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2019 All School Read: Assignment for Students

Photographs from the Royal Geographical Society

           

      

Details of the Assignment

Endurance: ASR LibGuide

Both high school and junior school students will have an assignment that is due TO THEIR ADVISOR the first regular day of school (MONDAY, AUGUST 19, 2019).

Students may choose from these options:

1. A written response, chosen from the topics far below (note the directions)

2. An artistic response: In a drawing, painting, collage, or sculpture, depict a motif or theme in the book that shows you have read the story closely [note: no photographs unless you are crafting a carefully created collage]. Your response cannot be a simple sketch on a sheet of printer or notebook paper. Your response should show the creative process that led to your artwork. Include a 200-word typed artist's statement which describes the ideas or conflicts that inspired you to generate this work. 

3. A videotaped response to the book, whether in the form of a short movie or else an interview with someone with a special connection to aviation or the history of the Wright Brothers. Students can collaborate on this kind of response to the book.

4. Attend an interactive program on the book. The program will be held on Thursday, August 15th, at 4:00 PM. This program might include guest speakers and a documentary film relating to Shackleton's journey, followed by break-out discussions with students. If you are interested in this option, please email Dr. Kinch (sean.kinch@montgomerybell.edu) to sign up. The meeting will begin in Pfeffer Hall and then split into smaller discussion groups; the group discussions will be moderated by MBA faculty members. Your vocal participation in these interactive meetings will count as your completion of the assignment.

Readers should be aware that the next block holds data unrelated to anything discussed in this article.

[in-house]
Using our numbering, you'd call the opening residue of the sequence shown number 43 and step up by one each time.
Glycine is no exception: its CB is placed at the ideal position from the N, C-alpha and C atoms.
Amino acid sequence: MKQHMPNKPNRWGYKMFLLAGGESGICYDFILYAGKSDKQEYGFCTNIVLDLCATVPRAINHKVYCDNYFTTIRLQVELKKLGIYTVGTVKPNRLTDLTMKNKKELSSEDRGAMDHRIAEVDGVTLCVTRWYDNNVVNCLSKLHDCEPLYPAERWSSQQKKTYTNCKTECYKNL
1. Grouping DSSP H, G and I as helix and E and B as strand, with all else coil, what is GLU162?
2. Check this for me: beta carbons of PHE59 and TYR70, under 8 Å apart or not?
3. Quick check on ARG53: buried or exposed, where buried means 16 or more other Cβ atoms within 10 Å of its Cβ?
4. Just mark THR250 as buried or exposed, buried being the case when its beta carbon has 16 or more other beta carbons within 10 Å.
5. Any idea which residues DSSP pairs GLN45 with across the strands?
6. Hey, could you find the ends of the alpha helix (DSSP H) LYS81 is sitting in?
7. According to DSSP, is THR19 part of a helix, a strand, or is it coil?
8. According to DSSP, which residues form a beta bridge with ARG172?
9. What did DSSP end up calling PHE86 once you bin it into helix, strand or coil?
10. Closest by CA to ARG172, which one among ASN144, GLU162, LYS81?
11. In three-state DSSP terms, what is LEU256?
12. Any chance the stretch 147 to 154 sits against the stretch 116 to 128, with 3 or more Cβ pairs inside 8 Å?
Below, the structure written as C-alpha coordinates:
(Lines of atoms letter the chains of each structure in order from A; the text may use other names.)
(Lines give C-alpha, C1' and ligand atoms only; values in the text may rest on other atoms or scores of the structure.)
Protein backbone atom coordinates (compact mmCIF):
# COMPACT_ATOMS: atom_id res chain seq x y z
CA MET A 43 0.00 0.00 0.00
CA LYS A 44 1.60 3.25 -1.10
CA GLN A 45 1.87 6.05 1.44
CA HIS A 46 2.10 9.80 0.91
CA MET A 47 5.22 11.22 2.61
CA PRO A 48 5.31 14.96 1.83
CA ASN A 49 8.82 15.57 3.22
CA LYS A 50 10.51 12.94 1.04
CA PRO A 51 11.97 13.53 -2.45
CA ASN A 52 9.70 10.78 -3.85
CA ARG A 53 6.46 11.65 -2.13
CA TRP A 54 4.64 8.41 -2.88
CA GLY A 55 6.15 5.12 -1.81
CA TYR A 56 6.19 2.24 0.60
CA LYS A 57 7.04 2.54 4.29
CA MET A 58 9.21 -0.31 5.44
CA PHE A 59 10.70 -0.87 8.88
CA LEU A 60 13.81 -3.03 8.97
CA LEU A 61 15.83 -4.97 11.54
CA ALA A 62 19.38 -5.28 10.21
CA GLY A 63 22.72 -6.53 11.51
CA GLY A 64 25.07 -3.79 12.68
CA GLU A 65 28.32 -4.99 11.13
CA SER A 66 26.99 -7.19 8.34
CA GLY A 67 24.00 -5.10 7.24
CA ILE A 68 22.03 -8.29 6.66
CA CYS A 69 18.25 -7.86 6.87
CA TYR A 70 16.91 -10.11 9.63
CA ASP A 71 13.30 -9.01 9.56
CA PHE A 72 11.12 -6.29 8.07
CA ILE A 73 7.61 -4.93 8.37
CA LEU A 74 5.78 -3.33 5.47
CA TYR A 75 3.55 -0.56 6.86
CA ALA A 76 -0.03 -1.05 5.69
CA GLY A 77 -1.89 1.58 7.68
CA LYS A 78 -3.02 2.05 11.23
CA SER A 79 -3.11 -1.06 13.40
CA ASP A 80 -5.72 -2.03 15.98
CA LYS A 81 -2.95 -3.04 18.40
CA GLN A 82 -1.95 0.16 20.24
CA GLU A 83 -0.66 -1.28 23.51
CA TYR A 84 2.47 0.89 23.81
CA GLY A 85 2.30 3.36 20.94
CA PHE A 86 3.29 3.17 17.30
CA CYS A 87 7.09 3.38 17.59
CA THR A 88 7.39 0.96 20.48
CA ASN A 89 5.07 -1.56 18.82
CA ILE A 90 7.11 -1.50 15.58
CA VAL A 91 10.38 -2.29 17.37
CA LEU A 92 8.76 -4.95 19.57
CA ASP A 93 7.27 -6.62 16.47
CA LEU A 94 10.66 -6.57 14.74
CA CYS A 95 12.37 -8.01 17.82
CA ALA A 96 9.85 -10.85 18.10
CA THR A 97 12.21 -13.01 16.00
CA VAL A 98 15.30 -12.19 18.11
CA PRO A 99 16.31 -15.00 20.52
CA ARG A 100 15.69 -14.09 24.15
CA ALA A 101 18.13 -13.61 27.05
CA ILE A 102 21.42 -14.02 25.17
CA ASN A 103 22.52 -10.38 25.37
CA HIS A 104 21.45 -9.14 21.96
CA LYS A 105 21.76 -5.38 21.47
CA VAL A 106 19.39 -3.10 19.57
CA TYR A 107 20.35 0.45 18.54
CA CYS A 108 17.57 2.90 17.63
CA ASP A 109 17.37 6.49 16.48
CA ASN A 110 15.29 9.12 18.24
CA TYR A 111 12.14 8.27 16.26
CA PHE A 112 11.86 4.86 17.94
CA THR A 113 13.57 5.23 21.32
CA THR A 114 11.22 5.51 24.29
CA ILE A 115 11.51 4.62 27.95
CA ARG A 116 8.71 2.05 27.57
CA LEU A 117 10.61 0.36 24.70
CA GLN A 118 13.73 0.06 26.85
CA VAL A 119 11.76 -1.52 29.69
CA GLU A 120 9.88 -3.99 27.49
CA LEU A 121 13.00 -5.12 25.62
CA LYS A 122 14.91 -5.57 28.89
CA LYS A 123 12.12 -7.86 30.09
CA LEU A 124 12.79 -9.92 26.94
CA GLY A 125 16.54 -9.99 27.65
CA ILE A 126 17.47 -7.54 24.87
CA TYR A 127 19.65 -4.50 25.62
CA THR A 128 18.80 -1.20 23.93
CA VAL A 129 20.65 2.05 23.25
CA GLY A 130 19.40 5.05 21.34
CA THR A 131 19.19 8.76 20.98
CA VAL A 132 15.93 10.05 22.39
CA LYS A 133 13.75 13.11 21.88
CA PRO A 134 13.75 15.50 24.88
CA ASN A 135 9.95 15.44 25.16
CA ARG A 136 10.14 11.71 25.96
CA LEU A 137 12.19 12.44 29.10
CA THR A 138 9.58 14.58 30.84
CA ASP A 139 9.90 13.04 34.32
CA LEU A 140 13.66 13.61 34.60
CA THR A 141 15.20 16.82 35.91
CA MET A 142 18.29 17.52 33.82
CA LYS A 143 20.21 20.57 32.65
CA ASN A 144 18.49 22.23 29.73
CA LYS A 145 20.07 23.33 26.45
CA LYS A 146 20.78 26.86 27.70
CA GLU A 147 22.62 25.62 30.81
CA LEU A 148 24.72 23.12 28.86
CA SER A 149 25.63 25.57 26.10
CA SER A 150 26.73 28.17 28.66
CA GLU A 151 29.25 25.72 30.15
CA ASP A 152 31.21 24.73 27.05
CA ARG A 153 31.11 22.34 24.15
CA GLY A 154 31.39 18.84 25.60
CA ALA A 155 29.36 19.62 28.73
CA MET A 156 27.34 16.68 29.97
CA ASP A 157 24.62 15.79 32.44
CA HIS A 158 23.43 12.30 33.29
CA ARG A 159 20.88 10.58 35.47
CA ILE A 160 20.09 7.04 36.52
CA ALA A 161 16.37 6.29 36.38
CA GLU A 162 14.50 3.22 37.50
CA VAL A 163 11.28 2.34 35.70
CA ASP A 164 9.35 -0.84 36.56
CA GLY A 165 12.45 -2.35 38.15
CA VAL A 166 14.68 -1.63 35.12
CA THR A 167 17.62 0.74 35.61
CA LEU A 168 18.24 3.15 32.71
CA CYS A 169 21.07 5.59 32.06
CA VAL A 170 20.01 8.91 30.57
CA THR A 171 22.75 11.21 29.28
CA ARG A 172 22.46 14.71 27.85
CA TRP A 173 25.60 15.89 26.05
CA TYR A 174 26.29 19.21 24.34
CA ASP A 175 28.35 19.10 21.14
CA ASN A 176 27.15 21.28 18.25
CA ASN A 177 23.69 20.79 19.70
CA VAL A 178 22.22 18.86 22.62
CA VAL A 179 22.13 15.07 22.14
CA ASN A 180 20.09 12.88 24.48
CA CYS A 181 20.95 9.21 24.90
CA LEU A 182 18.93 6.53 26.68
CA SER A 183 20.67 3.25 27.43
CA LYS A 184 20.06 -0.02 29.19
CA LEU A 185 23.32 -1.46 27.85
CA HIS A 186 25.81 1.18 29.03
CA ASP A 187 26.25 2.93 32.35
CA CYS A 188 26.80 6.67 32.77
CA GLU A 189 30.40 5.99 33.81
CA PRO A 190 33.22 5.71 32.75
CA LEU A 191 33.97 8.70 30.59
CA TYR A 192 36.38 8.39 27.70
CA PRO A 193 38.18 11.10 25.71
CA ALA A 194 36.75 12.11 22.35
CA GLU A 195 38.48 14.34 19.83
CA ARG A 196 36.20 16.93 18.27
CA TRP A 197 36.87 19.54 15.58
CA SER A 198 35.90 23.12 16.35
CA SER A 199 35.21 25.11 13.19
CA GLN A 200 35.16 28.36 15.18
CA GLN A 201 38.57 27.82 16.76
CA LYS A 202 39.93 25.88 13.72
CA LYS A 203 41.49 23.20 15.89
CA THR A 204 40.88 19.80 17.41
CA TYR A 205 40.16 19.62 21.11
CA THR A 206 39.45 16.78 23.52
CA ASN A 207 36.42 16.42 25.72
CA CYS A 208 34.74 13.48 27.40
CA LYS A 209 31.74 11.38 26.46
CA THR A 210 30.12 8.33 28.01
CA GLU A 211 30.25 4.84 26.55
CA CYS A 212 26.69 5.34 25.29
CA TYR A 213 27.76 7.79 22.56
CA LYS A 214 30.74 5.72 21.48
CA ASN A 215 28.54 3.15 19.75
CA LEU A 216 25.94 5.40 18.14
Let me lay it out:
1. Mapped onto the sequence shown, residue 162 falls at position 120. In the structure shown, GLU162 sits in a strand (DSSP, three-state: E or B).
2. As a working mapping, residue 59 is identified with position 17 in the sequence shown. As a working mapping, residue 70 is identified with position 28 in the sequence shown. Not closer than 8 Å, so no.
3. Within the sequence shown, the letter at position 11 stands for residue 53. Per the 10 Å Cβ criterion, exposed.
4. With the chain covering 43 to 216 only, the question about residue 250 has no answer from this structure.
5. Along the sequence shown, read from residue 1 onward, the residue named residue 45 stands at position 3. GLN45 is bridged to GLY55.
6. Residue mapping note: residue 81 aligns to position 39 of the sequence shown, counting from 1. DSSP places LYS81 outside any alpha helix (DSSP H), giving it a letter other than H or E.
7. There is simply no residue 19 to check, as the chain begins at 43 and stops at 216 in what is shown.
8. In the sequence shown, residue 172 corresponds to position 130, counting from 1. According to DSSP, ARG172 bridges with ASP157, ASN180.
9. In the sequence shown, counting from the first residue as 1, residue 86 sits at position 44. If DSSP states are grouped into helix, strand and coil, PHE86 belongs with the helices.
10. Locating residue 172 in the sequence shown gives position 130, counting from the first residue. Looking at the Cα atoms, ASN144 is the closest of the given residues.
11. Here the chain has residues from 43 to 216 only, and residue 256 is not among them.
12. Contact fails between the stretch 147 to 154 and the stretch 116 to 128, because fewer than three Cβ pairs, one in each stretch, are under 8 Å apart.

Written Response Questions

Directions: Write a two-page, double-spaced, 12-point font, multi-paragraph essay (approximately 600 words) on one of the following topics. Include a title page.

(Note: questions 1-6 are taken from the study guide on Bookrags.)

1.  How do you think the expedition was thought of 'back home' in England, in the midst of World War I?

2. On one occasion Shackleton refused to allow his men to bring in a few seals that they had shot earlier in the day—he considered their retrieval too risky due to the conditions on the ice. Several weeks later, facing severely restricted rations, many of the men thought Shackleton's decision to have been foolish or incorrect. In retrospect, do you think Shackleton made the right decision?

3. Consider the social and historic legacy of Shackleton's expedition. How did the failure of the expedition change the political and scientific world? How did the triumphant survival of all of the members of the expedition change people's larger attitudes about polar exploration?

4. The text functions remarkably well as journalistic history. Do you think the text could function equally well as a novel? Why or why not?

5. What was your favorite section of the book and why? Reference particular scenes.

6. Write a character analysis of Ernest Shackleton.  Consider his motivations, his strengths, his leadership style, and his weaknesses. Does his egotism ever endanger his crew?  Are all his choices justified? What drives him? What are his key choices that saves the crew? Where does he make some poor choices?

7. Put yourself in the mind of one of the crewman and write an entry or entries in a diary during part of the journey. Retell scenes from the book and have your character reflect on the journey and on Shackleton or other members of the crew.

8.  What lessons in leadership and teamwork did you learn from this book? Reference specific scenes.

9. Write an essay discussing when explorations such as Shackleton’s are justifiable and valuable for the betterment of humanity and when they border on egotism and arrogance. In the essay consider what you think drove Shackleton to become an explorer and specifically go to Antarctica to cross the last uncharted continent on foot. Who are the Shackletons of today and what are they exploring? What explorations in the past were crucial for civilization? Which ones, if any, were foolhardy?